A few days ago I was inspired by Andrea at Indigo Blue (blog) to purchase a
Polaroid Pogo travel printer. This small photo printer is compatible with
digital cameras and cell phones.
This printer requires no ink. The magic is in the photo paper. There are
100 billion dye crystals embedded in the printer paper( PC World July 22, 2008).
Somehow it kinda works like the old Polaroid cameras but their is no shaking the pictures after
printing and there is need to allow for drying time.
The printed picture is small, 2x3 inches. The paper is sold in packs of ten
for around $4.00 and has a sticky backing, just peal the plastic backing off
and you have a sticker.
In a quick search of online stores I couldn't find the Pogo.
I had hoped to pick one up locally.
I'm thinking maybe they are no longer sold in stores.
I did find lots of Pogos at Amazon and on Ebay.
Originally they were priced at $150.00,
I found one for $28.00 on Amazon. Considering the mixed reviews
for the Pogo I've read on-line I would not have taken the chance
and spent $150 on this product.
Here are a few pictures I printed from my cell phone.
I have a low end cell phone and the camera on it has 3.2 mega pixels.
I have not taken pictures on my cell phone before this and am not tech savy but I figured out how to send a picture from my cell phone
via Blue Tooth to the printer.
The sun at the top of the picture didn't come out so well but I like the picture quality otherwise.
The picture on the right is of a plant with frost on it's edges. The picture was blurry on my phone too.
One of the major complaits I read online with the Pogo was about streaks in the finished photo.
I did find a review where a woman figured out how to fix the streak problem.
I read about the solution before I ordered my pogo. Of course now I can't find the review.
I think she suggested to use the blue smart sheet that comes with each pack of paper often.
She claims it's dust that causes the streaks. She suggested leaving the printer door open and as the blue sheet is expelled from the printer genitally press down with your fingers to help the cleaning process. She also suggest keeping the blue sheets and using them as weights on top of the white photo paper. Will try to find the review to make sure I got the facts straight.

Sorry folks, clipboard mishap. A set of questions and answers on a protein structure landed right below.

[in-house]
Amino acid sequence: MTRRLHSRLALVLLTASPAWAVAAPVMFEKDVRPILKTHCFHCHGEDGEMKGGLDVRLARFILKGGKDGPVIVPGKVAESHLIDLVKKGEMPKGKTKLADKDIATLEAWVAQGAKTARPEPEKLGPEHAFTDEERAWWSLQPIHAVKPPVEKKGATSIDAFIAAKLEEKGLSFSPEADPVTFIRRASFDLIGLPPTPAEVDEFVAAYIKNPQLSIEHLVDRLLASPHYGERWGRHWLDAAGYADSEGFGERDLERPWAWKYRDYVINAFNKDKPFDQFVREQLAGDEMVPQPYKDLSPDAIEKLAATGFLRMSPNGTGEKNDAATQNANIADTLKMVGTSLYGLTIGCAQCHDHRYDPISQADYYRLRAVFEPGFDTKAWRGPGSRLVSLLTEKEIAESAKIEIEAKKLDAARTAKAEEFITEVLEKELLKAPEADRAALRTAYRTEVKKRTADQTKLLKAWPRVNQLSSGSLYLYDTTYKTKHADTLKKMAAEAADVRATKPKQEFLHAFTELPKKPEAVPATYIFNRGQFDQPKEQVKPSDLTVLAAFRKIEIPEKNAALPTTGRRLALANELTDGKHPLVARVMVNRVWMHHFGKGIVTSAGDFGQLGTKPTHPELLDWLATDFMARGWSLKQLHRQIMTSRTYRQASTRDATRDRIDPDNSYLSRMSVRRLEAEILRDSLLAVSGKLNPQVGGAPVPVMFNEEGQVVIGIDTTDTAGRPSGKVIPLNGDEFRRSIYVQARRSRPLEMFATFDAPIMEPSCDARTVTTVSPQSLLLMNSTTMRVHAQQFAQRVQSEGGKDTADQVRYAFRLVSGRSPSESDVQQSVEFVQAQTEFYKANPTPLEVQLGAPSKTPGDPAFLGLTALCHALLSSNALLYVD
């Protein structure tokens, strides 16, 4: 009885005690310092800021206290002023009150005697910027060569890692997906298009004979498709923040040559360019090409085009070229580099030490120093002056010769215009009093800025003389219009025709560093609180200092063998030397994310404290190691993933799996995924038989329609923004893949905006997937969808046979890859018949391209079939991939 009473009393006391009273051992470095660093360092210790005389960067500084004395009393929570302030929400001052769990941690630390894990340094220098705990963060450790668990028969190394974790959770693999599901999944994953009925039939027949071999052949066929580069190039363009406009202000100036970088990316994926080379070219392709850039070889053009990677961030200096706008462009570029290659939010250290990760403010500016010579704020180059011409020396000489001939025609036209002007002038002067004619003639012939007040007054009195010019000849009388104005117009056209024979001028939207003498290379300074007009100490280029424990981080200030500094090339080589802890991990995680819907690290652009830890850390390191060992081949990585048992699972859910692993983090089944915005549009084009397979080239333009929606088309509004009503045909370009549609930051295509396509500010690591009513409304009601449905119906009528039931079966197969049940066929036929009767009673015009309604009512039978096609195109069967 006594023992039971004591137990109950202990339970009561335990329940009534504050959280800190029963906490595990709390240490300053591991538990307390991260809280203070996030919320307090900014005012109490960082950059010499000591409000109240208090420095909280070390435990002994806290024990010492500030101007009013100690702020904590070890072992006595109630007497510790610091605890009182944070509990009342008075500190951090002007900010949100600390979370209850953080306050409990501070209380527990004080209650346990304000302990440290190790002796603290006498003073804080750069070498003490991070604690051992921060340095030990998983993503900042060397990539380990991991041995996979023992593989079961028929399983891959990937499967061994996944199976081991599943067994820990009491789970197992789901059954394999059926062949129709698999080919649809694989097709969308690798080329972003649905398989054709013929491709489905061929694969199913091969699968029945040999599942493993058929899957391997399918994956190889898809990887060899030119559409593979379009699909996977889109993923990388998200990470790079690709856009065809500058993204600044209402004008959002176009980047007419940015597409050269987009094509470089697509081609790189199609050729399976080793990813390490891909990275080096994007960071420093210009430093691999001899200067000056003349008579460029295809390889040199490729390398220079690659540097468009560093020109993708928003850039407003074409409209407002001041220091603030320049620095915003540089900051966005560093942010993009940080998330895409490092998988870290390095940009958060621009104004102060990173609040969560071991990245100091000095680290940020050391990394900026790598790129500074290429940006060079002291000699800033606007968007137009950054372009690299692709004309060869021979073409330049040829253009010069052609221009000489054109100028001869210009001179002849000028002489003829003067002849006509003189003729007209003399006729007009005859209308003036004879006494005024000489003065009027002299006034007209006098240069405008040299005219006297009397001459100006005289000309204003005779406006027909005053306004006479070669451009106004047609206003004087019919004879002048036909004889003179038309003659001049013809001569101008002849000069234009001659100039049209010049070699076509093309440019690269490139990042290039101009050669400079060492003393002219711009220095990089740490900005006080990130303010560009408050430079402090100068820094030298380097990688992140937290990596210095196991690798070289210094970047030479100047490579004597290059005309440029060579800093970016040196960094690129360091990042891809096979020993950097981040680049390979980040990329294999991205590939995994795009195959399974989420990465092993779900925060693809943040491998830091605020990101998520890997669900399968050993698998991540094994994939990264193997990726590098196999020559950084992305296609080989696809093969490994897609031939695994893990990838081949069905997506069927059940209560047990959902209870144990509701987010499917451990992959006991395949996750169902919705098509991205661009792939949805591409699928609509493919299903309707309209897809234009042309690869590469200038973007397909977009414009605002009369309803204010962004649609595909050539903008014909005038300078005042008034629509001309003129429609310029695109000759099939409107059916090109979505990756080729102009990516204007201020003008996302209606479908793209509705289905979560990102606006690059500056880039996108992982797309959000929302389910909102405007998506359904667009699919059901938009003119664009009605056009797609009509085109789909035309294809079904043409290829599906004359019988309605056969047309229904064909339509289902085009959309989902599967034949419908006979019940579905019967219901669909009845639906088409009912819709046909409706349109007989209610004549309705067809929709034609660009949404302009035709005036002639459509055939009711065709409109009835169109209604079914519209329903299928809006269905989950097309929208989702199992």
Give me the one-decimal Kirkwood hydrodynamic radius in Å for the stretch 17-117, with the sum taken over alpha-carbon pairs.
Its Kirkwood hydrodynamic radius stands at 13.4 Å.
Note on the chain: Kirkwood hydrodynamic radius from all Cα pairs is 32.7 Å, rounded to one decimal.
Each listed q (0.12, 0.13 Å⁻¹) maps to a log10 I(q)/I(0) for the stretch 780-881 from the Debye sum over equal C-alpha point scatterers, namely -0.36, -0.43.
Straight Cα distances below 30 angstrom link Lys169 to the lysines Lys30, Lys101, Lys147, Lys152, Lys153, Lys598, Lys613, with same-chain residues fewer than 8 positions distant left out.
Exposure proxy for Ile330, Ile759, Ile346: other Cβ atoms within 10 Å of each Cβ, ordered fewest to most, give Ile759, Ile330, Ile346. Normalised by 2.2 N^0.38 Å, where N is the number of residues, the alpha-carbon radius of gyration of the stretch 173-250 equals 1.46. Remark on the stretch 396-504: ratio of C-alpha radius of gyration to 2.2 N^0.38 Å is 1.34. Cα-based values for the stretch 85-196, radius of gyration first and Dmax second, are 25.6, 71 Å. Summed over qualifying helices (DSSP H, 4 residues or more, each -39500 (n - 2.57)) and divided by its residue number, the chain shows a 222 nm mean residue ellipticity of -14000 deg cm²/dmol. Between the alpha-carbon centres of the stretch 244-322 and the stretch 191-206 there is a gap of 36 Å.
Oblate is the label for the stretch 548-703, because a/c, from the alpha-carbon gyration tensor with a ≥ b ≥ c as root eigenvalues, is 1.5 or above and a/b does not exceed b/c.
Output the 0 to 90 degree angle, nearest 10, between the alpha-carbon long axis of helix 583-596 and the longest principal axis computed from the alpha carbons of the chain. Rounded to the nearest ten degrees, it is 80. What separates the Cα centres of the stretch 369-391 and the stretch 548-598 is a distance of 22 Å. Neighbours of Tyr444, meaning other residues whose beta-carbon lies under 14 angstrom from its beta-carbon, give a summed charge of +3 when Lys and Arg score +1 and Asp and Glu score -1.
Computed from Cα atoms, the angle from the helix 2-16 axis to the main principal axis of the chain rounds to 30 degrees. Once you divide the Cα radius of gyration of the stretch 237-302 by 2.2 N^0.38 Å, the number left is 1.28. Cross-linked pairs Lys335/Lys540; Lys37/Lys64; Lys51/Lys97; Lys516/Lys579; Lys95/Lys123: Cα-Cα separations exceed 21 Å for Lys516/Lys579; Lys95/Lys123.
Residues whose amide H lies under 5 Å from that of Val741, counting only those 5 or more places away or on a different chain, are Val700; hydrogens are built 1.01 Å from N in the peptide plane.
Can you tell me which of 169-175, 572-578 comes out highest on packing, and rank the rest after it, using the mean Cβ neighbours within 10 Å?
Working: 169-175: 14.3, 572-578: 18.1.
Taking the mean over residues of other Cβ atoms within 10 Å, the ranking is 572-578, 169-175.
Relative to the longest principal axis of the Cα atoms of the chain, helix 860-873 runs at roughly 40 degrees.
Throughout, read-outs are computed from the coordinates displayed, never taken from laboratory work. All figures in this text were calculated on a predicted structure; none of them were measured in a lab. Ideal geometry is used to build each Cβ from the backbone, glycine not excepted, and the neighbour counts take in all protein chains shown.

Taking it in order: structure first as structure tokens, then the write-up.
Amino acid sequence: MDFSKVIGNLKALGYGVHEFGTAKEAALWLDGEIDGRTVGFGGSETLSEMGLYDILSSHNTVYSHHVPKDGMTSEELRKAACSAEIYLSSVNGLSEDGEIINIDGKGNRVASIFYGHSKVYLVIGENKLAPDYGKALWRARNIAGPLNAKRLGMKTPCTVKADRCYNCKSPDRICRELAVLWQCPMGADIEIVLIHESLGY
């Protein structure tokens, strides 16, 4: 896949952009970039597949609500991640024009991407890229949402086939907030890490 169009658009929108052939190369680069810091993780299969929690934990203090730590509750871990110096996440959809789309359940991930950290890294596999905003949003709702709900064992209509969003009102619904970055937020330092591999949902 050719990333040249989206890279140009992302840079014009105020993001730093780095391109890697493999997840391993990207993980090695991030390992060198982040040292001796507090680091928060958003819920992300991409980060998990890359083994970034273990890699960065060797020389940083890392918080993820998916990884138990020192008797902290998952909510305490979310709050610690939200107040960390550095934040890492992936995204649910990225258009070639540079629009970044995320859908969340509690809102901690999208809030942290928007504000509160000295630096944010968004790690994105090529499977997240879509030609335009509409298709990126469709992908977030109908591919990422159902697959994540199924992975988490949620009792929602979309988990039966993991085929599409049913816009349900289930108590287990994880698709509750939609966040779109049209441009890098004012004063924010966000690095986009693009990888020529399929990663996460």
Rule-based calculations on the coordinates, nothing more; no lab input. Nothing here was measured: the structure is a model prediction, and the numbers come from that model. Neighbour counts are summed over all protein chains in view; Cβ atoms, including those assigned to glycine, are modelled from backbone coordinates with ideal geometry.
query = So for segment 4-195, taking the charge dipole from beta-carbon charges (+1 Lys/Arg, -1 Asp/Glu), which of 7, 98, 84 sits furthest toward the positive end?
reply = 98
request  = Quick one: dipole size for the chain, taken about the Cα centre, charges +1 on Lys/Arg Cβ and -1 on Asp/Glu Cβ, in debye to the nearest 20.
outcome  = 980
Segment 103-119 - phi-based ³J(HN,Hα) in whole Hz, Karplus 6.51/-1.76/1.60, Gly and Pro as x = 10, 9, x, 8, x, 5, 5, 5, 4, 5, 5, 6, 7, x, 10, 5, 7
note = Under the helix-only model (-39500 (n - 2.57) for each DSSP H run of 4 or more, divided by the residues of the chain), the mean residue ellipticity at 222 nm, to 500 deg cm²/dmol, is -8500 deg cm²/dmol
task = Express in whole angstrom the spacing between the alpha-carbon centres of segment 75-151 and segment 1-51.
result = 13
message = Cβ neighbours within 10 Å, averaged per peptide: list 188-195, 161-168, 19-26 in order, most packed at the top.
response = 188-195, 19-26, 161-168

The printer was delivered yesterday and
I have not tried it with my point and shoot digital camera.
My Olympus is a high-end point and shoot. It takes great pictures but I can't stand the time it takes to auto focus. It's a problem with all point and shoots. I bought the Olympus because the size of my Canon makes it hard to lug on trips but waiting for the auto focus on a small camera and missing shots because of it's slowness has left me with lugging my Canon.
The Pogo has a UBS cord to plug into digital cameras and computers. I read connecting to a computer might be tricky and you may need to contact customer support. I have not tried to print from my Canon SLR yet. My Canon is a D20, which in tech standards is vintage--- 2005. It might be old but it works just fine and I'm happy with it.
Also, the Pogo is NOT COMPATIBLE WITH the APPLE iPhone.
They don't have Blue Tooth.
If you are a serious photographer I wouldn't bother with the Pogo. It's a fun toy. It would be fun at a party or on a vacation. I would not count on the pictures it prints for producing keepsake pictures.
But for art and a travel journal...it could lead to big fun!
I'm thinking with the adhesive backing I'll be using my Pogo prints on mail art.